April 15, 2016


 Q&A with Adrian Hochstadt

Posted March 30, 2016 

Adrian Hochstadt, incoming deputy chief executive officer of the AVMA, answers questions from JAVMA News. Go to “Old, new deputy CEO see AVMA moving profession forward” for the main story. 

What is bringing you back to the AVMA? 

I am coming back to make a positive impact at a high level for a profession that’s made up of remarkable individuals who provide essential services and bring joy to people and animals alike. I look forward to playing a key role in operationalizing the strategic plan into real-world deliverables, making it come alive, so to speak. This is an exciting time at the AVMA, and I am thrilled to be in a position to help shape AVMA’s future, which I believe includes unparalleled opportunity for everyone involved in veterinary medicine.  

As deputy CEO, I hope to be a motivating influence, a promoter of teamwork and innovation, and a positive contributor to the growth and development of every employee working at AVMA.  

I have had the privilege of serving in management positions with five different national and international associations of various structures and sizes over 27 years. I have gained a lot of leadership insight by working with industry leaders in law, human medicine, and, of course, veterinary medicine. I plan to draw upon this experience in my new position.

What were your proudest accomplishments at the AVMA?

I was hired in 2005 to help the AVMA create a state advocacy program. We turned a fairly vague notion into the reality of a proactive center that provides real value to the profession and its state and allied leadership. These efforts also helped solidify AVMA’s relationships with state and allied VMAs, which I will continue to nurture in my role as deputy CEO. Many of our colleagues who manage and lead VMAs are some of the best in the association business, and I value their support and advice.

In a more general sense, I am pleased that I was able to leverage productive relationships to help create consensus and forge common paths in several challenging instances. I enjoyed meaningful interaction with people in a variety of roles across the veterinary world, including all levels of AVMA staff, volunteer leaders and committee members, veterinarians and nonveterinarians, association executives, and lawyers. This wide exposure to and familiarity with AVMA members and stakeholders will serve me well as deputy CEO.

How will your new position have you refocusing your expertise from the way you used it in your last position at the AVMA?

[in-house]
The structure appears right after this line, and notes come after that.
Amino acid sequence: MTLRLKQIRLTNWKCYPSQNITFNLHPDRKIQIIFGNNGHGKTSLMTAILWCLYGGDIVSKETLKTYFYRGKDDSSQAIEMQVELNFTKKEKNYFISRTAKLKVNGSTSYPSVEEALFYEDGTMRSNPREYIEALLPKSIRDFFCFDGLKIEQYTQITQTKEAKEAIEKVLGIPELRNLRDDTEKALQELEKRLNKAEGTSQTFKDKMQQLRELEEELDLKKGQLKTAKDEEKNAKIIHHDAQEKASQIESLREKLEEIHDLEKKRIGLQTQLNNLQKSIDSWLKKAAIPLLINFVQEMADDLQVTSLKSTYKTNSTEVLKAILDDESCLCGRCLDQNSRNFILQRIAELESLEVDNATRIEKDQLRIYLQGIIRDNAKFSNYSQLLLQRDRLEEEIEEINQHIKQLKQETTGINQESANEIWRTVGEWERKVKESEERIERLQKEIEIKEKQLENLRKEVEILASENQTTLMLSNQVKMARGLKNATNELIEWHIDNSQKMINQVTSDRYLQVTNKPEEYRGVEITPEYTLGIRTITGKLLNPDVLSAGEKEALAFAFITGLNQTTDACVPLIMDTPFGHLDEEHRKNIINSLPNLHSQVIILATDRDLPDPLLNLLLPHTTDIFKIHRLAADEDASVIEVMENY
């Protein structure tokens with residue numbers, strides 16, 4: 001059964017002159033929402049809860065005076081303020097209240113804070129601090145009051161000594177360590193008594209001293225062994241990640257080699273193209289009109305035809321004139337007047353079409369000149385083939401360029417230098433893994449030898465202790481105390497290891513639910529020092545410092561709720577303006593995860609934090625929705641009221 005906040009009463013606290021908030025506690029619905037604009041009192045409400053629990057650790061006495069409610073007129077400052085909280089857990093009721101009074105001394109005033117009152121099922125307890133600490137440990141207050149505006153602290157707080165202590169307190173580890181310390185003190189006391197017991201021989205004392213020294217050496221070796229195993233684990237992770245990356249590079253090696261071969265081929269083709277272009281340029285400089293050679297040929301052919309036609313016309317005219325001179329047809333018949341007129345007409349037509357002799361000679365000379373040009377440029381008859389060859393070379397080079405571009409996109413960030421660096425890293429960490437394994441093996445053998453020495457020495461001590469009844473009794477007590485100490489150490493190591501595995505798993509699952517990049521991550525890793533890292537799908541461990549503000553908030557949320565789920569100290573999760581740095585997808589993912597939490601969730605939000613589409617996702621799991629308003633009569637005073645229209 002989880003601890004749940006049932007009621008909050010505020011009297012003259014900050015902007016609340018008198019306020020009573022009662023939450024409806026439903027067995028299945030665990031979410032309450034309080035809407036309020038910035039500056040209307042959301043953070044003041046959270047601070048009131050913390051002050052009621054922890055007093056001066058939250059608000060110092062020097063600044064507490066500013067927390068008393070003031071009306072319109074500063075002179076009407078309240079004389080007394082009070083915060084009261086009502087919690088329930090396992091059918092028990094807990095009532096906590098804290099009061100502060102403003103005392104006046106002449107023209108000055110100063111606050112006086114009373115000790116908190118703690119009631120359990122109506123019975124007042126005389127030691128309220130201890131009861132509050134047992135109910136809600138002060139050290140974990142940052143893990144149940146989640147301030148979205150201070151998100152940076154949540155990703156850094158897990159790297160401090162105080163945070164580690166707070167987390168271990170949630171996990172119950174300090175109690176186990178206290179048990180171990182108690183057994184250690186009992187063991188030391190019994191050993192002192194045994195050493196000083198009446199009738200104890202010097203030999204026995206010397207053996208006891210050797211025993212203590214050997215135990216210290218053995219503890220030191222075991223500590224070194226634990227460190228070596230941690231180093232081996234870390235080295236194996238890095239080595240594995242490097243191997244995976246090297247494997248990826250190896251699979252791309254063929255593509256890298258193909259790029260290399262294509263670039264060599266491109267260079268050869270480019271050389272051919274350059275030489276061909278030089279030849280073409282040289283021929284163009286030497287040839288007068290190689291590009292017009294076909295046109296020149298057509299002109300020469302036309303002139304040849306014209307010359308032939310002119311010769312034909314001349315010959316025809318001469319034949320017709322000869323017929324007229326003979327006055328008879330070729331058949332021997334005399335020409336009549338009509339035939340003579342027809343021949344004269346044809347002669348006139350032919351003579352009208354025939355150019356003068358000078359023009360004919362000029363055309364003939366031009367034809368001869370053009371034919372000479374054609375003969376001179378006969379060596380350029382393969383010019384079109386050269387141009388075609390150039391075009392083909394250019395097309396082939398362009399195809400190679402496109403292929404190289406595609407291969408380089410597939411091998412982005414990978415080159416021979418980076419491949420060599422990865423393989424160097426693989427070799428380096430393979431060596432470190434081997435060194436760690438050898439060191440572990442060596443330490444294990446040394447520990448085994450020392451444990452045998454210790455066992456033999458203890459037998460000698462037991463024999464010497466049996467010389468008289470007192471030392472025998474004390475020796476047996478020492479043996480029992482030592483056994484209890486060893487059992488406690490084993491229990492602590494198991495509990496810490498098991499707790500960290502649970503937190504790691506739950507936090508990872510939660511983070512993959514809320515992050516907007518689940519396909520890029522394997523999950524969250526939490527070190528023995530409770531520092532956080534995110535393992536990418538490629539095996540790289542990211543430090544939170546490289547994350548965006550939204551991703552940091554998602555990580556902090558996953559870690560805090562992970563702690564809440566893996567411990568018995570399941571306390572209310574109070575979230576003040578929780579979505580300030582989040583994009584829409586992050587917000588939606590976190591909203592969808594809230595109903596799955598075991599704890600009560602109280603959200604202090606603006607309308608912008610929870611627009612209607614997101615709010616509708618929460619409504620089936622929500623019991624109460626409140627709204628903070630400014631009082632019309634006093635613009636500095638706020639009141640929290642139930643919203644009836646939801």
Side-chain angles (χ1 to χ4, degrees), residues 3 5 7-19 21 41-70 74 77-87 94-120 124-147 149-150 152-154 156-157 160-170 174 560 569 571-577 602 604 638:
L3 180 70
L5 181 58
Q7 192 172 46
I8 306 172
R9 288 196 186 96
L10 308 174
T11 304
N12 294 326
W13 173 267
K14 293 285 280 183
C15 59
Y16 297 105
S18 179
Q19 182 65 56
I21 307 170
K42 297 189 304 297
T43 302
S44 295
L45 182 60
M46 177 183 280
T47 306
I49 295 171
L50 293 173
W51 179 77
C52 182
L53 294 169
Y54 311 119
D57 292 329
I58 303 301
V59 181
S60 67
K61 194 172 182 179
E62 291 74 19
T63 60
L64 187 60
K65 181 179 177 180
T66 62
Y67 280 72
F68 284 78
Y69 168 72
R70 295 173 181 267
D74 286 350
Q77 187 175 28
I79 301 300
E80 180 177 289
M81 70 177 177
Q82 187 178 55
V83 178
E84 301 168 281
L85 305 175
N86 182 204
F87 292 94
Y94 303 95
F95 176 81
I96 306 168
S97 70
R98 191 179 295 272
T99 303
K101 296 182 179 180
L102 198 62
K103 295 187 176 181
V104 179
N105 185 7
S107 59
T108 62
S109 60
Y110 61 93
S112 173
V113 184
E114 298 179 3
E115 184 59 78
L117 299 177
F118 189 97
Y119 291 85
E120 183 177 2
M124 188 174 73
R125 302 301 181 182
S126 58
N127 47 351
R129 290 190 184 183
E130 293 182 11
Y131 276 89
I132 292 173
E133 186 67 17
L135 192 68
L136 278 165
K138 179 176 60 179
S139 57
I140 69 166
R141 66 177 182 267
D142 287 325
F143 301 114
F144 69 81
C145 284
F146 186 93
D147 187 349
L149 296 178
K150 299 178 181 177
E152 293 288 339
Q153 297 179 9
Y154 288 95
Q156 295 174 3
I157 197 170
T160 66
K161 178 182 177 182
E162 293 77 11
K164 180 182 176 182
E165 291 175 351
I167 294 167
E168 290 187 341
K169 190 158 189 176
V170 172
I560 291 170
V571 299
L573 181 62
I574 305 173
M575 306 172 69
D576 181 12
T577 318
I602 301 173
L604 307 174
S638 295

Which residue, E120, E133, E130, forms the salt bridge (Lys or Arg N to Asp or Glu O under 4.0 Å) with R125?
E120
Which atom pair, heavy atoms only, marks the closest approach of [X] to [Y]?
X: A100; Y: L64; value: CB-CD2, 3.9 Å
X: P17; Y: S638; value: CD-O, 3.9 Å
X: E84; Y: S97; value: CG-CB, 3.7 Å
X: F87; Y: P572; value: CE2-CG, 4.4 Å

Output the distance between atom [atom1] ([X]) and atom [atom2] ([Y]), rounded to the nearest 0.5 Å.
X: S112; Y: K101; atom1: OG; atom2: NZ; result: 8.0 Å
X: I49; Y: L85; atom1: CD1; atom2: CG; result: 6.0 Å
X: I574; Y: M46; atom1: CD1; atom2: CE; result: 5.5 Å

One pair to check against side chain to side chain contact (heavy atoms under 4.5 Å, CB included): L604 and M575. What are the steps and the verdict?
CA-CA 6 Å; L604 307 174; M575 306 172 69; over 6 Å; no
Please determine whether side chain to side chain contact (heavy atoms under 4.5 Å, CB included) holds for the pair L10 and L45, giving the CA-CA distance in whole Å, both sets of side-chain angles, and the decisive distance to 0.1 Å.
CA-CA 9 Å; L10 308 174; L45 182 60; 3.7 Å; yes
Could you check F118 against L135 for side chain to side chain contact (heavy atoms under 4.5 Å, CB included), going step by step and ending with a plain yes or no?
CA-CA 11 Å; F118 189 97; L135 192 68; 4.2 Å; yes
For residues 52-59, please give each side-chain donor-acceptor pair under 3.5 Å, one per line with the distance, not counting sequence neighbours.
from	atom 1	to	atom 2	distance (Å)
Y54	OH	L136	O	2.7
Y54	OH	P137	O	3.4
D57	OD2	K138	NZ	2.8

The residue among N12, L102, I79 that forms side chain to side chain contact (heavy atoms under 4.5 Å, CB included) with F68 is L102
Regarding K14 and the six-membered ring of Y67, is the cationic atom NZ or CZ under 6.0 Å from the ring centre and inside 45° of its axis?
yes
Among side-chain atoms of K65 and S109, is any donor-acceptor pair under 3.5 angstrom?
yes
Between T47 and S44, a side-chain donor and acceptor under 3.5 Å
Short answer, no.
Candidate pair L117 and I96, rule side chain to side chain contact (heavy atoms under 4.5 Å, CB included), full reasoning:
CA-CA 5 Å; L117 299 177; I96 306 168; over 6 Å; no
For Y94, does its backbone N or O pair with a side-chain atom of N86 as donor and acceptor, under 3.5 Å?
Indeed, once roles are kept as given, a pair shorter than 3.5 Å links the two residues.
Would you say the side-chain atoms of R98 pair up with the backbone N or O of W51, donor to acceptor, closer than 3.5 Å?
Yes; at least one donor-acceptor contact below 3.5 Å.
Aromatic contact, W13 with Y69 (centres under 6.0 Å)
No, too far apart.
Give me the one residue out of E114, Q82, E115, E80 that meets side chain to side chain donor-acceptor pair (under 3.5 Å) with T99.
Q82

I expect to be working closely with the CEO, Board of Directors, and others in looking at the big picture to implement the vision and strategic plan of the AVMA. In addition to overseeing programs, as deputy CEO, one of my highest priorities will be supporting, coaching, and mentoring AVMA staff. I plan to manage my responsibilities and time so I can be a resource who is available to other staff. Employees can expect me to pay attention to individuals as part of my daily routine.

How has the AVMA changed since you started in 2005?

The world looks to AVMA to lead in areas such as animal welfare, public health, and veterinary economics. We are expected to provide real-time and meaningful assistance to state VMAs engaged in difficult, controversial battles. The rate of change in both society overall and veterinary medicine in particular has accelerated greatly over the last decade, and it will continue to do so at an even faster pace in the next 10 years. To maintain and increase our relevancy, the AVMA will need to actively embrace a heightened culture of innovation and creativity for both staff and volunteer leadership. Fortunately, I believe the AVMA is more prepared than ever to take on this challenge.

What do you think is next for the AVMA?

The AVMA is and will continue to be the recognized voice of the profession, speaking to key constituencies on the issues that matter. This includes setting standards for quality of veterinary education, shaping laws and regulations that govern the profession and animal welfare, representing the profession’s views to the media, educating the public on animal health, and providing assistance and guidance to our own members.

The current AVMA Strategic Operating Plan refers to building an innovative and collaborative culture and establishing and maintaining efficient decision-making. These goals are right on the mark to ensure the AVMA’s leadership and relevancy in tomorrow’s fast-changing environment. Achieving these goals will demand that staff and volunteers focus on working smart and spending their time and energy in ways that bring maximum value to members and the people and animals they serve.

I just read Richard Branson’s quote in the AVMA’s Animal Health SmartBrief: “A business has to be involving, it has to be fun, and it has to exercise your creative instincts.” That is how I envision the workplace of the future for AVMA.

I also expect that increasingly, we will be challenged to achieve the right balance between appropriate analysis of issues and taking actions that are expected of a leader. Futurist Jim Carroll says, “The world won’t wait for you to make a decision—it will simply move on.” To maintain our leadership position, we must make sure we have processes and a culture in place to keep up with the expected pace of future decision-making.

Finally, let me say that I am an unabashed optimist on the future of veterinary medicine. I see tremendous untapped potential for this profession, and  I am confident that together, AVMA and its partners will lead the way to an exciting and prosperous future.